Just back from an enjoyable evening at Gresham College, where Jan van Maanen from Utrecht gave the BSHM–Gresham lecture marking the tercentenary of the death of Leibniz next month, preceded by warm-up acts by Snezana Lawrence and my colleague Kenneth Falconer.

The theme of the event was “Curves”. Snezana Lawrence took us from Archimedes and his spiral (which he used to solve one of the problems of classical antiquity, squaring the circle) to the equiangular spiral, whose analysis was made possible by the invention of calculus, and which is much commoner in nature. Jacob Bernoulli called it *spira mirabilis*; one of its remarkable properties is that, like a fractal, viewing it at a different scale doesn’t change its shape. Bernoulli wanted an equiangular spiral engraved on his tombstone, but an Archimedean spiral was placed there by mistake: Snezana showed us a picture of this.

Kenneth Falconer, unsurprisingly, talked about fractal curves; his message was that in not much over a century they went from esoteric to ubiquitous. The precursors were found in the 19th and early 20th century, and were Weierstrass’s function which is continuous everywhere but differentiable nowhere; Koch’s curve, a simpler geometric construction giving the same property; Cantor’s “Devil’s staircase”, the graph of a function whose derivative is zero almost everywhere but which increases continuously from 0 to 1; and Sierpiński’s triangle, a curve which branches at every point (although it doesn’t look like a curve). It was of course Benoît Mandelbrot who brought fractals into the common currency of science: as he said,

Clouds are not spheres, mountains are not cones, coastlines are not circles, and bark is not smooth, nor does lightning travel in a straight line.

The first two talks were linked by the appearance of logarithmic spirals in his final example of a fractal.

After the traditional refreshment break of macaroons and Rhenish wine, we proceeded to the talk by Jan van Maanen. He discussed Leibniz as “mathematician and diplomat”. His activities as a diplomat, on behalf of his employers the Prince Bishop of Mainz and the Duke of Hanover, are well known. What was less well known to me was his attempt to make peace between the Bernoulli brothers. Jacob and Johann had studied Leibniz’s 1684 paper in *Acta Eruditorum* on differential calculus, and in Leibniz’s view they were great mathematicians who had really understood what he was doing; but they fell out, and a stream of public abuse and mathematical challenges passed between them. Leibniz attempted to reconcile them by various means, including having them both elected to various learned societies on condition that they stopped fighting!

How did curves come into this? Part of their fight consisted of the challenge by Johann to find the *brachystochrone*, or curve of quickest descent. (And here we had a reference back to the second lecture, since the solution is a cycloid, and Kenneth had used this as an example of a curve which has a tangent at all but “a few” points.) The brothers fought bitterly over priority and accusations of malpractice concerning this challenge. (Newton, on the other hand, solved it overnight and published his solution anonymously.)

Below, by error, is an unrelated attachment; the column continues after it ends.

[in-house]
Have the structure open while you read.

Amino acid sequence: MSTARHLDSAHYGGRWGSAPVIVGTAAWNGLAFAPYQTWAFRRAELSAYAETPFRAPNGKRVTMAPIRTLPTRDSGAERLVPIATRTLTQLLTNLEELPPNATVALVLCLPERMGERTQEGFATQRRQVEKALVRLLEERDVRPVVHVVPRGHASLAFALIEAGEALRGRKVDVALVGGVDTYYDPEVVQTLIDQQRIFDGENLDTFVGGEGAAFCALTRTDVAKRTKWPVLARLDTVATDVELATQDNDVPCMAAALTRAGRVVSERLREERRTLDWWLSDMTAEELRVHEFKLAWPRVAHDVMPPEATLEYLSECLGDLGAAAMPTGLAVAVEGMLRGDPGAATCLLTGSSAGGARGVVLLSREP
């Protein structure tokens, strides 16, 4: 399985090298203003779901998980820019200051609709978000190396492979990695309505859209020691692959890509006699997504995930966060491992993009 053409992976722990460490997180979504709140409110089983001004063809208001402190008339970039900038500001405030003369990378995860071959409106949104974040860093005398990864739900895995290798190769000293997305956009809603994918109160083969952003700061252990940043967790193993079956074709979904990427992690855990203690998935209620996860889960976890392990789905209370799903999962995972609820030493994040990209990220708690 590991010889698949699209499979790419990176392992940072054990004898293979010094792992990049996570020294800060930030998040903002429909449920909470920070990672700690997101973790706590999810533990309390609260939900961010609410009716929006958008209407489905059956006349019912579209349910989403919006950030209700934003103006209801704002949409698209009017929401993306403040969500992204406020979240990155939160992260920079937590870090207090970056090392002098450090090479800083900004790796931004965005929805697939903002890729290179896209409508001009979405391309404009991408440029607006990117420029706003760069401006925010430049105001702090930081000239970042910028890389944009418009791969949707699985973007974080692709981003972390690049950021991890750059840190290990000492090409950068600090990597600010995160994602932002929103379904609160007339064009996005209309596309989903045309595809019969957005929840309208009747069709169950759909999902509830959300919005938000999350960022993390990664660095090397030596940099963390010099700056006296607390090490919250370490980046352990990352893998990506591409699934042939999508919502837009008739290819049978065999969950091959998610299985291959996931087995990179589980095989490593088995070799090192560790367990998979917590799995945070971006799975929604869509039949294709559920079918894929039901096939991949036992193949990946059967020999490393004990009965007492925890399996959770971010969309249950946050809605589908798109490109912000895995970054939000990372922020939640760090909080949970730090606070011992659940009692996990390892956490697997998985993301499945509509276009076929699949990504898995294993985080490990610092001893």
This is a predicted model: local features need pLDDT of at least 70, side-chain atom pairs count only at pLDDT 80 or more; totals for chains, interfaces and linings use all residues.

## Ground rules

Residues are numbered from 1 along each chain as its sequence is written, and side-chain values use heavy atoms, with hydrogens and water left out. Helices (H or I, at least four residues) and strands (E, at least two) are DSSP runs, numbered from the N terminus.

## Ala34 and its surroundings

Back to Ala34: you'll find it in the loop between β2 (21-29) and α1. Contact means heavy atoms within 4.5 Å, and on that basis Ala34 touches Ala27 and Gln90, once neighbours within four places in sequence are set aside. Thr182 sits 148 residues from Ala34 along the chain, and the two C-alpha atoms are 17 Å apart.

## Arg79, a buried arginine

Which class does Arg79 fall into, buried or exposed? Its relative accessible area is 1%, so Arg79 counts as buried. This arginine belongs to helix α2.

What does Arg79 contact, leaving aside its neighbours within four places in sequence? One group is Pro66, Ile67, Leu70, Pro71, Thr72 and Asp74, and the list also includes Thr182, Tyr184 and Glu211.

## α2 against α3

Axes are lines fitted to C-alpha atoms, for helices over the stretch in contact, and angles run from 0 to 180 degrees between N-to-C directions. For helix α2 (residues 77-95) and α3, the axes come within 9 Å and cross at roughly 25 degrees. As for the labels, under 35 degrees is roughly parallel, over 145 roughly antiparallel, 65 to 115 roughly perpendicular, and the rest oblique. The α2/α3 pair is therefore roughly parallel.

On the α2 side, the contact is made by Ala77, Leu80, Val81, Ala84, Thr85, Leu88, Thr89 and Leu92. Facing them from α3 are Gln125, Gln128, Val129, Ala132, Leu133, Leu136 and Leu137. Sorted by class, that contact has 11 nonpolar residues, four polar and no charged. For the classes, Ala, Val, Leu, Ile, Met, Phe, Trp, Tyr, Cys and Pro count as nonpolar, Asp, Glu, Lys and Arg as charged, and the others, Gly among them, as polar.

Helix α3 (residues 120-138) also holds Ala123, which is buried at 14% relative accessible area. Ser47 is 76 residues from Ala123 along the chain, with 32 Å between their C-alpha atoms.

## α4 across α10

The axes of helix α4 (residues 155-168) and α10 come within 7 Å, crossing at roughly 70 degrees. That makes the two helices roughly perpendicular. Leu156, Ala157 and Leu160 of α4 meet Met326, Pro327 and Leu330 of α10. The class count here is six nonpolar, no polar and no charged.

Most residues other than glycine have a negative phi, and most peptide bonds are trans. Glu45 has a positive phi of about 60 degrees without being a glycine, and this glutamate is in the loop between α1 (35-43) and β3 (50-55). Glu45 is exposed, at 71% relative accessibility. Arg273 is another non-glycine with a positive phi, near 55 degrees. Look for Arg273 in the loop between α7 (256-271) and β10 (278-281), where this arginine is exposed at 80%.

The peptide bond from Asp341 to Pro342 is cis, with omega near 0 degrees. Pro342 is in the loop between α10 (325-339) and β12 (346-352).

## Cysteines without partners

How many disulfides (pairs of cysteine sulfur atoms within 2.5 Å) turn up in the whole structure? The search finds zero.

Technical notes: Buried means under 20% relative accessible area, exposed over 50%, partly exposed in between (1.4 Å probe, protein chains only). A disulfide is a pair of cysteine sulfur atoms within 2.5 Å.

Jan showed us a page of Leibniz’s 1684 paper. (Although it was published eight years after Leibniz got access to the papers of Newton and Gregory, we also saw a page of his notes from 1675 where he had invented the notation *dx* and the integral sign.) The paper contains the formulae for differentiating sums, products, and quotients. (In Arnol’d’s book on Newton, which I mentioned recently, he claims that Leibniz first thought that *d(xy) = (dx)(dy)*, so that differentiation would be a ring homomorphism, but then realised his mistake; a geometer like Newton would never have made this error. I don’t know where the evidence for this is.)

It is clear that the Bernoulli brothers showed clearly the usefulness of Leibniz’s calculus in solving practical problems. The first text-book on calculus was by l’Hôpital, a student of Johann Bernoulli.

I wonder if Snezana Lawrence is the same Snezana Lawrence former director of CMRC dismissed because of forgery?

http://www.independent.co.uk/news/university-to-offer-freemasonry-degree-1085065.html

Well, I’m not the Peter Cameron who was excommunicated by the Presbyterian Church in Australia (for supporting the ordination of women), nor the Peter Cameron who wrote “The Weekend” and other great books; nor any of various other people of that name…

Her LinkedIn profile says she was doing a history of maths PhD from 1996-2002 and the jobs list starts in 2001. Not much after graduating a BSc in Architecture and Engineering in 1989 before this.

This letter to the THE is by someone with the same name associated with the Canonbury Masonic Research Centre in 1999. This paragraph is particularly interesting:

Companies House lists a Snezana Lawrence as Secretary of the now-dissolved Canonbury Masonic Research Centre from 9 November 1998 to 23 May 2000.

Then this article says Snezana Lawrence of Canonbury Masonic Research Centre “has a degree in architecture and is studying for a phd in the history of mathematics”. The coincidence of first degree topic, PhD topic and PhD timing, plus the name, would seem to suggest these are the same person.

However, Claire Ferguson, I find no mention of her name in conjunction with forgery, or a reason for her leaving the Centre. This is not the subject of the article you linked. Do you have a reference for this claim?

Of course not. But… it’s good to know people around you. Check it out!